For one hundred years, per capita incomes in poorer U.S. states have grown more rapidly than incomes in richer states, narrowing the gap between them. Over the past three decades, though, the rate of convergence has slowed sharply. It has become more difficult for poorer states to catch up with richer states. In a paper presented at the Municipal Finance Conference, Peter Ganong of the University of Chicago and Daniel Shoag of Harvard attribute this slowdown in convergence to increasingly tight land use regulations in wealthy areas.
Their argument: Historically, much of the convergence in income across states was driven by the migration of labor from poorer states to wealthier states. This migration held down wage growth in richer states and boosted wage growth in poorer states. This historical pattern was disrupted by increasingly strict land use regulations. Regulation boosted housing costs in richer states so that migration was no longer an attractive option for low-skill, low-wage workers. But migration remained attractive for high-skilled workers, and they continued to move to wealthy places.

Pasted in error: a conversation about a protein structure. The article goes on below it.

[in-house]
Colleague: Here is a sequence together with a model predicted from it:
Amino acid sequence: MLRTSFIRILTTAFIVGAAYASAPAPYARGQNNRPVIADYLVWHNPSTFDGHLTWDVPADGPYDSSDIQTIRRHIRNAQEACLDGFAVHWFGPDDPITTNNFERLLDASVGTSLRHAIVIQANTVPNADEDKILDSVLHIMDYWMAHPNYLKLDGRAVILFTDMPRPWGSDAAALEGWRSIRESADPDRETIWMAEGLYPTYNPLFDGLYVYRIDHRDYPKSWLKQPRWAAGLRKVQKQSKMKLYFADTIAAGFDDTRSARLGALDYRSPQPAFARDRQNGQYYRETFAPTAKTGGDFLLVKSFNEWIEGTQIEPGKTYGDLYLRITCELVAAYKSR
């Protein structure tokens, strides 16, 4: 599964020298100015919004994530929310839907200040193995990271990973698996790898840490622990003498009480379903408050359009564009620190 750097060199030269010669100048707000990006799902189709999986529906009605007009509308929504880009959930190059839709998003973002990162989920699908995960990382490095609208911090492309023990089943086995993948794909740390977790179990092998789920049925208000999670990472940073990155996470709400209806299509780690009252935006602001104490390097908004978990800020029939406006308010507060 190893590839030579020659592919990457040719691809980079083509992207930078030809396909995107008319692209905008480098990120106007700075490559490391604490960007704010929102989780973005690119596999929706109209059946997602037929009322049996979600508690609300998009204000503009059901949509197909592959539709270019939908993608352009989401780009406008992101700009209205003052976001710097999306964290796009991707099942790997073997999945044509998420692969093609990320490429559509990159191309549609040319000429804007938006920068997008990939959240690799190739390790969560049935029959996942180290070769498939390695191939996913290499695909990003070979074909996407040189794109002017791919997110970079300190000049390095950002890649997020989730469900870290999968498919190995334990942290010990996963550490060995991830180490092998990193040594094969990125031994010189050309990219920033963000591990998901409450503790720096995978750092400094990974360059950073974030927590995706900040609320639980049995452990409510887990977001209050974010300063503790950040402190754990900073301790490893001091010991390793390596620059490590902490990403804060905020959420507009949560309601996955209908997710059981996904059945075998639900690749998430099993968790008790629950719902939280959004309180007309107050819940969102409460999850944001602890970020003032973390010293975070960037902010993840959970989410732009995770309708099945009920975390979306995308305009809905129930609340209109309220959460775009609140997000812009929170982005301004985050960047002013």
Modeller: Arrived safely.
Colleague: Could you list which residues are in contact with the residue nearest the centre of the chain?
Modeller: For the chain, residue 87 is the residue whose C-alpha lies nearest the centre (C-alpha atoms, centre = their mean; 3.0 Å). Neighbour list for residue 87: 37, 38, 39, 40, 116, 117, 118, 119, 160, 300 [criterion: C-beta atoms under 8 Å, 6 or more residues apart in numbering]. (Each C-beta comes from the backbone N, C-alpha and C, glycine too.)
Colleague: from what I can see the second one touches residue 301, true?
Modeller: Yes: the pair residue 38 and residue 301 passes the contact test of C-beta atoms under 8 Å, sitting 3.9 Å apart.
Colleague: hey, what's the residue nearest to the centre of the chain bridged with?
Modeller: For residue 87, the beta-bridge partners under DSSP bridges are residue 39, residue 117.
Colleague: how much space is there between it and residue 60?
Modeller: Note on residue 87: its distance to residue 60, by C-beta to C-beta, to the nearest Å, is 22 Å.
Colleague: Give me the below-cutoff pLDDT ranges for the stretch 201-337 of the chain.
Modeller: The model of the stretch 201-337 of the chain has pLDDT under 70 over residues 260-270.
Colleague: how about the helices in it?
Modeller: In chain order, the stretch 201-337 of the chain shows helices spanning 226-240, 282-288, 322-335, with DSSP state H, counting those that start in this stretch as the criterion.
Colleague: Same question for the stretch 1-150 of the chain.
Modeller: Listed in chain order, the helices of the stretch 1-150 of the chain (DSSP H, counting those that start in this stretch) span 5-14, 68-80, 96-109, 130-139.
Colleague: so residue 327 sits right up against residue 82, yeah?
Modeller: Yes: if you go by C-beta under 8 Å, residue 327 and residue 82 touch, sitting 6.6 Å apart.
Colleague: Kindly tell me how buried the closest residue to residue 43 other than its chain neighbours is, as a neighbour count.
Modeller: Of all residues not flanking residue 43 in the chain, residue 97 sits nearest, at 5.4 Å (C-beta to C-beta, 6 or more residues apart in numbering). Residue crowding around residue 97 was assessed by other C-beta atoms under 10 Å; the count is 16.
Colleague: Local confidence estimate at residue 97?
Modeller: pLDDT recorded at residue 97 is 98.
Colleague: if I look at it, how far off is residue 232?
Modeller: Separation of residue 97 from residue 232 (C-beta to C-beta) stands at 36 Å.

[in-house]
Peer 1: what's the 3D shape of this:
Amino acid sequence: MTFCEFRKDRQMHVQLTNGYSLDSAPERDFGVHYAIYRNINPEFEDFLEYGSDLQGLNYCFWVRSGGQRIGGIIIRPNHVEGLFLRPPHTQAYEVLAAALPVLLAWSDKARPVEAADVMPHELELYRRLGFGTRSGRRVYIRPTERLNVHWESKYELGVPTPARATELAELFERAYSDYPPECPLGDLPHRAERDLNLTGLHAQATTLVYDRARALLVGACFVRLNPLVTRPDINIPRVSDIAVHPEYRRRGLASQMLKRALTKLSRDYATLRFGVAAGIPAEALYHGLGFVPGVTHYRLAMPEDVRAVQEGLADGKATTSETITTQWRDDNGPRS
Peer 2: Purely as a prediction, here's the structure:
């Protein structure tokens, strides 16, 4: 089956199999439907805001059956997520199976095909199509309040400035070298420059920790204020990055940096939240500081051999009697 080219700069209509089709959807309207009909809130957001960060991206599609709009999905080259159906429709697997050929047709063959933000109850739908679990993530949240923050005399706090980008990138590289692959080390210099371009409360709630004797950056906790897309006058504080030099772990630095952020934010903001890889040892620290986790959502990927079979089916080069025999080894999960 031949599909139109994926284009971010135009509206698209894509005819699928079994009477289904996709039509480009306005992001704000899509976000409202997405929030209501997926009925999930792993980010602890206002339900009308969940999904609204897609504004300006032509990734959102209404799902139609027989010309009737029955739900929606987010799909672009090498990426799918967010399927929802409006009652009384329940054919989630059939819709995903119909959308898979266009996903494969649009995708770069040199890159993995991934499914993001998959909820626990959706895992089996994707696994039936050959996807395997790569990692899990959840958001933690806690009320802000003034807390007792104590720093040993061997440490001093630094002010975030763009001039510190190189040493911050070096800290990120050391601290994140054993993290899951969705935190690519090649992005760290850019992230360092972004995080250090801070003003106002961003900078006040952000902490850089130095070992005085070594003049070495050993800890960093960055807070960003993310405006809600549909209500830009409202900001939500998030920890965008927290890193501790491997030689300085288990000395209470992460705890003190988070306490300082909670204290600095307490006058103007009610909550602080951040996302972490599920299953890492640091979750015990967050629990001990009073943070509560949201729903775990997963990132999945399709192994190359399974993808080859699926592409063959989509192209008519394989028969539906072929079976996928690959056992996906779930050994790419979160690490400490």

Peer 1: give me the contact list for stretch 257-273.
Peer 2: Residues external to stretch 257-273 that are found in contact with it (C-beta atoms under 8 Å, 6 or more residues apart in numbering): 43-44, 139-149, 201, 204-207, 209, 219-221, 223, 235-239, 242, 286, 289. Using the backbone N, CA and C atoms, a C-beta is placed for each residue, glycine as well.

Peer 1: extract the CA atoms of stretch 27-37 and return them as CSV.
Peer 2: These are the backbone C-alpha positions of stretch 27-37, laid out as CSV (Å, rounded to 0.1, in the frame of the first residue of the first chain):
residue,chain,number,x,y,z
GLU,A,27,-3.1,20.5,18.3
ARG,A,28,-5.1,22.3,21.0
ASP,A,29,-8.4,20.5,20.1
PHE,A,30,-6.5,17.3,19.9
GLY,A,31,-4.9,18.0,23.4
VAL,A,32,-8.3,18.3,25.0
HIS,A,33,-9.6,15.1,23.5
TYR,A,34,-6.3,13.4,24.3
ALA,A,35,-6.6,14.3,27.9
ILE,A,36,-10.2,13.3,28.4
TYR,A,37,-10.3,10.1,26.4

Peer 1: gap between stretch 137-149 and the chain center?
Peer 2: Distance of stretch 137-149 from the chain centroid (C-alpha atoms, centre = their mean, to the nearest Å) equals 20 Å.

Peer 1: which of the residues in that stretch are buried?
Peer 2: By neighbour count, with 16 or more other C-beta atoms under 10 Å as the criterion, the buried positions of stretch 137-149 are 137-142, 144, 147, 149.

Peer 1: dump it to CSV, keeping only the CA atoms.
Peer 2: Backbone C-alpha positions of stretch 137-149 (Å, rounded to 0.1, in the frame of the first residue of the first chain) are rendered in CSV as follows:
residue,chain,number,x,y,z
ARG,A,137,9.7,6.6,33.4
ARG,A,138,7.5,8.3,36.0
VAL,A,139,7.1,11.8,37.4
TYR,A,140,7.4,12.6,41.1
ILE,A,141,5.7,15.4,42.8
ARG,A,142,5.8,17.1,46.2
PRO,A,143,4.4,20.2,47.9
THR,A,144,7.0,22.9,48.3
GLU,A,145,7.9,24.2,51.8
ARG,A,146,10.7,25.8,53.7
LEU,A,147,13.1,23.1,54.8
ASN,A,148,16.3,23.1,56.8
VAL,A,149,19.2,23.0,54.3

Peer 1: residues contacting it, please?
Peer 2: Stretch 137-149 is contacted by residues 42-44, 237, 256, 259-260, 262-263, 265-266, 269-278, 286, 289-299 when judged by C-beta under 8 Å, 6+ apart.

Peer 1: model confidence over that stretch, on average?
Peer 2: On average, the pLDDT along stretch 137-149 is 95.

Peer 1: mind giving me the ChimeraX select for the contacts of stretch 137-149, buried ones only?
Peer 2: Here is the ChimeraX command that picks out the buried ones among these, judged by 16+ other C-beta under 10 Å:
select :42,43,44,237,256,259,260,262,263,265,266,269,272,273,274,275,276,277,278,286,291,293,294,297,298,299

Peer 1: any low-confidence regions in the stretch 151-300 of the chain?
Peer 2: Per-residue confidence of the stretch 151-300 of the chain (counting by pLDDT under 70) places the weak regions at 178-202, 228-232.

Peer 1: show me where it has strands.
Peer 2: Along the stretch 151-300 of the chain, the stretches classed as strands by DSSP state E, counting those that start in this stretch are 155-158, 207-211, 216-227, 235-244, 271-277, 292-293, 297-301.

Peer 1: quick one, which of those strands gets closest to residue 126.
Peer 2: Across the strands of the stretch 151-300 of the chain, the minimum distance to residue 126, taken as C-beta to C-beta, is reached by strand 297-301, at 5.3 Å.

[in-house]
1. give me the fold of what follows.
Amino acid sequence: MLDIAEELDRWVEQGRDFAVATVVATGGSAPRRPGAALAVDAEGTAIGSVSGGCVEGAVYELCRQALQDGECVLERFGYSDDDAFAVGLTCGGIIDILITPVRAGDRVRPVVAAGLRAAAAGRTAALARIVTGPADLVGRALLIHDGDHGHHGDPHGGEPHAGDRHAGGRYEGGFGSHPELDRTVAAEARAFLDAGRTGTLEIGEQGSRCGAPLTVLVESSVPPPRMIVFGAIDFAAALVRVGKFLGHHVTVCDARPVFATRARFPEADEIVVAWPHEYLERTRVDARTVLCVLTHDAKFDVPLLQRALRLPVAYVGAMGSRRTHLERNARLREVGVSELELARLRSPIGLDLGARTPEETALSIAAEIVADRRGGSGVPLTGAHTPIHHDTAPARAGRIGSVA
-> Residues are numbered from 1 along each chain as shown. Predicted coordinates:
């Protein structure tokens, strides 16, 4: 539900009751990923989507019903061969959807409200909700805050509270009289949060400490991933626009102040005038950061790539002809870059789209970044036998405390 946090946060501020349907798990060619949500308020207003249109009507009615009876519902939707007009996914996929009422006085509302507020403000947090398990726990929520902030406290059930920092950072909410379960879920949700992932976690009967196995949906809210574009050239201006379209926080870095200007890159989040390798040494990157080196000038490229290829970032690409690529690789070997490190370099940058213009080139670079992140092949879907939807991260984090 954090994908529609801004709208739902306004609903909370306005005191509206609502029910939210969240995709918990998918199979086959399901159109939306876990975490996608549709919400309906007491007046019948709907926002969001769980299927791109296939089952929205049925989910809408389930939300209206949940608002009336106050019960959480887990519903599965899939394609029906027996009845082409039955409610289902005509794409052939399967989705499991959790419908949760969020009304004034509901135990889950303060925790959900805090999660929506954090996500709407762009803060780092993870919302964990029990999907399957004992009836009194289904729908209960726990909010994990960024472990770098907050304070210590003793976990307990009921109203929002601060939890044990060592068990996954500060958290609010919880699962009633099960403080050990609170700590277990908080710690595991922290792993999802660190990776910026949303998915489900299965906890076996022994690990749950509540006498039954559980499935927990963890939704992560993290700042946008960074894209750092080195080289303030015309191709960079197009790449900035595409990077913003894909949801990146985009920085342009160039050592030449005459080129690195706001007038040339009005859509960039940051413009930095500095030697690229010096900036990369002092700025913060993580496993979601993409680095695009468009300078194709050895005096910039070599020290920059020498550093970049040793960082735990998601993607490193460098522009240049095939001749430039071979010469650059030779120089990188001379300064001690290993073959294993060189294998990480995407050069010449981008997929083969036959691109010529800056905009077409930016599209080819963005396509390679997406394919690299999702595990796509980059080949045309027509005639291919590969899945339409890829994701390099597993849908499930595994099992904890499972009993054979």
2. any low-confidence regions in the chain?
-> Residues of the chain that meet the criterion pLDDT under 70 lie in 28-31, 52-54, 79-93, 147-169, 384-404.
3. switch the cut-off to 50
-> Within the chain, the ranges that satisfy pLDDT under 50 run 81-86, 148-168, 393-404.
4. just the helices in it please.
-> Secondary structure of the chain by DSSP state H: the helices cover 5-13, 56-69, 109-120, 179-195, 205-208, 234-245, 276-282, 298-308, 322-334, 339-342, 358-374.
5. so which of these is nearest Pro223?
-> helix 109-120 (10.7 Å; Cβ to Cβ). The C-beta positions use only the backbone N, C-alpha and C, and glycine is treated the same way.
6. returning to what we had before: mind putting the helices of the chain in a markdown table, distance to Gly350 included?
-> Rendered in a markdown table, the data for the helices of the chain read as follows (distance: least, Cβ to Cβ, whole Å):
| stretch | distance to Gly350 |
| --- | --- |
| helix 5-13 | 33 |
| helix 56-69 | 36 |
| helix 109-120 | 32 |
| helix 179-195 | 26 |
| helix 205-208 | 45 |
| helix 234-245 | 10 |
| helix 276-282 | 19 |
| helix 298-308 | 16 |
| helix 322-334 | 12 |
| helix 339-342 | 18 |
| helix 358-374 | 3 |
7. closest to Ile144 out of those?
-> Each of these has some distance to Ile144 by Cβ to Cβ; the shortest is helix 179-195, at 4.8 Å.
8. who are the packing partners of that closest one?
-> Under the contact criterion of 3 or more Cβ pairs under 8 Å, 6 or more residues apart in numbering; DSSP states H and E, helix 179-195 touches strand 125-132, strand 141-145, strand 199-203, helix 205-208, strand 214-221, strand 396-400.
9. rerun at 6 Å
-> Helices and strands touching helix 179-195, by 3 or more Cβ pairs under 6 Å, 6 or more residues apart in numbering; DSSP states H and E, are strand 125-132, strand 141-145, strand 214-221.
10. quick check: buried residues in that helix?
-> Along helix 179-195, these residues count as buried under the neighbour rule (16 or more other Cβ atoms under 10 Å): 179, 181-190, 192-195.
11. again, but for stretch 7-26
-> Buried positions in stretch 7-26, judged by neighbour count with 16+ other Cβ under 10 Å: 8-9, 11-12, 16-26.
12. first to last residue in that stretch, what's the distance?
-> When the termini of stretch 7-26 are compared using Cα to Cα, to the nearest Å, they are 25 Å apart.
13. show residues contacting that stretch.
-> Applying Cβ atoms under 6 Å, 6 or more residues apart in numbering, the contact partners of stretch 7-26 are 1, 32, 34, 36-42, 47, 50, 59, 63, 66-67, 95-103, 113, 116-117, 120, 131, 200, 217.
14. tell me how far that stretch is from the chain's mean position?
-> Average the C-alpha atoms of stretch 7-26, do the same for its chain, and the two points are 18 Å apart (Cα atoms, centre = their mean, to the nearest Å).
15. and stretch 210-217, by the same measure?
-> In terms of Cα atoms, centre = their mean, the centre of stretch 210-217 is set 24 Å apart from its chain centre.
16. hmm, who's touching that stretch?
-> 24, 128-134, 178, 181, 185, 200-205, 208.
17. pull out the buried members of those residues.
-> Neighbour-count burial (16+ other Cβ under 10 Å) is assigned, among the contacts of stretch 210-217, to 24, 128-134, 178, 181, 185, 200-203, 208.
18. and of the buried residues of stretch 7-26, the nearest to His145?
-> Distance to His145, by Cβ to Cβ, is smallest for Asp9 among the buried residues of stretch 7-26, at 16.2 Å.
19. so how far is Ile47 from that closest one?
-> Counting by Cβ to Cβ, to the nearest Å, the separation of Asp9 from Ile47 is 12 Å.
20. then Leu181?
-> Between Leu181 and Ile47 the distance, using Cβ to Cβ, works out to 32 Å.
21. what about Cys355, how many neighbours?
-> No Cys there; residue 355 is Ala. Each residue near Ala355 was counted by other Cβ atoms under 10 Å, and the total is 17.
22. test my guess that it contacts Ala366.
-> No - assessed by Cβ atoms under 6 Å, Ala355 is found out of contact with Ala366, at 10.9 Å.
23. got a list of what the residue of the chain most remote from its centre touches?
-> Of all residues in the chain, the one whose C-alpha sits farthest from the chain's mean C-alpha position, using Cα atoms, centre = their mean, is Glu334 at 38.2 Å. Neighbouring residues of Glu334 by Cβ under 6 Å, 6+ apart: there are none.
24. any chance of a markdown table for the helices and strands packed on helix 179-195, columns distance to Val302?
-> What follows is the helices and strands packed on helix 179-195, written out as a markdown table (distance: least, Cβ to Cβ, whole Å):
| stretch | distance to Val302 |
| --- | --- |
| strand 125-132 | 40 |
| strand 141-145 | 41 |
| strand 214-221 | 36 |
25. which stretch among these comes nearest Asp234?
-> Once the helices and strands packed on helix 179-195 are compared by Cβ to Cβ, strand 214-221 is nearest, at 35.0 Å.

Ganong and Shoag link this changing migration pattern to local housing regulation using an innovative measure of land use regulation drawn from state appeals court records. They show that in higher income places where land use regulations were not tightened, convergence continued at its historical rate.
The authors also contend that, the divergence in the migration patterns of skilled and unskilled households contributed to rising income inequality. Specifically, they calculate that the increase in hourly wage inequality from 1980 to 2010 would have been approximately 10% smaller if convergence in economic growth across states had maintained the pace observed from 1940 to 1980.
This research is among the first to highlight the important channel played by land use regulation in explaining regional migration patterns, slowing convergence, and increasing inequality.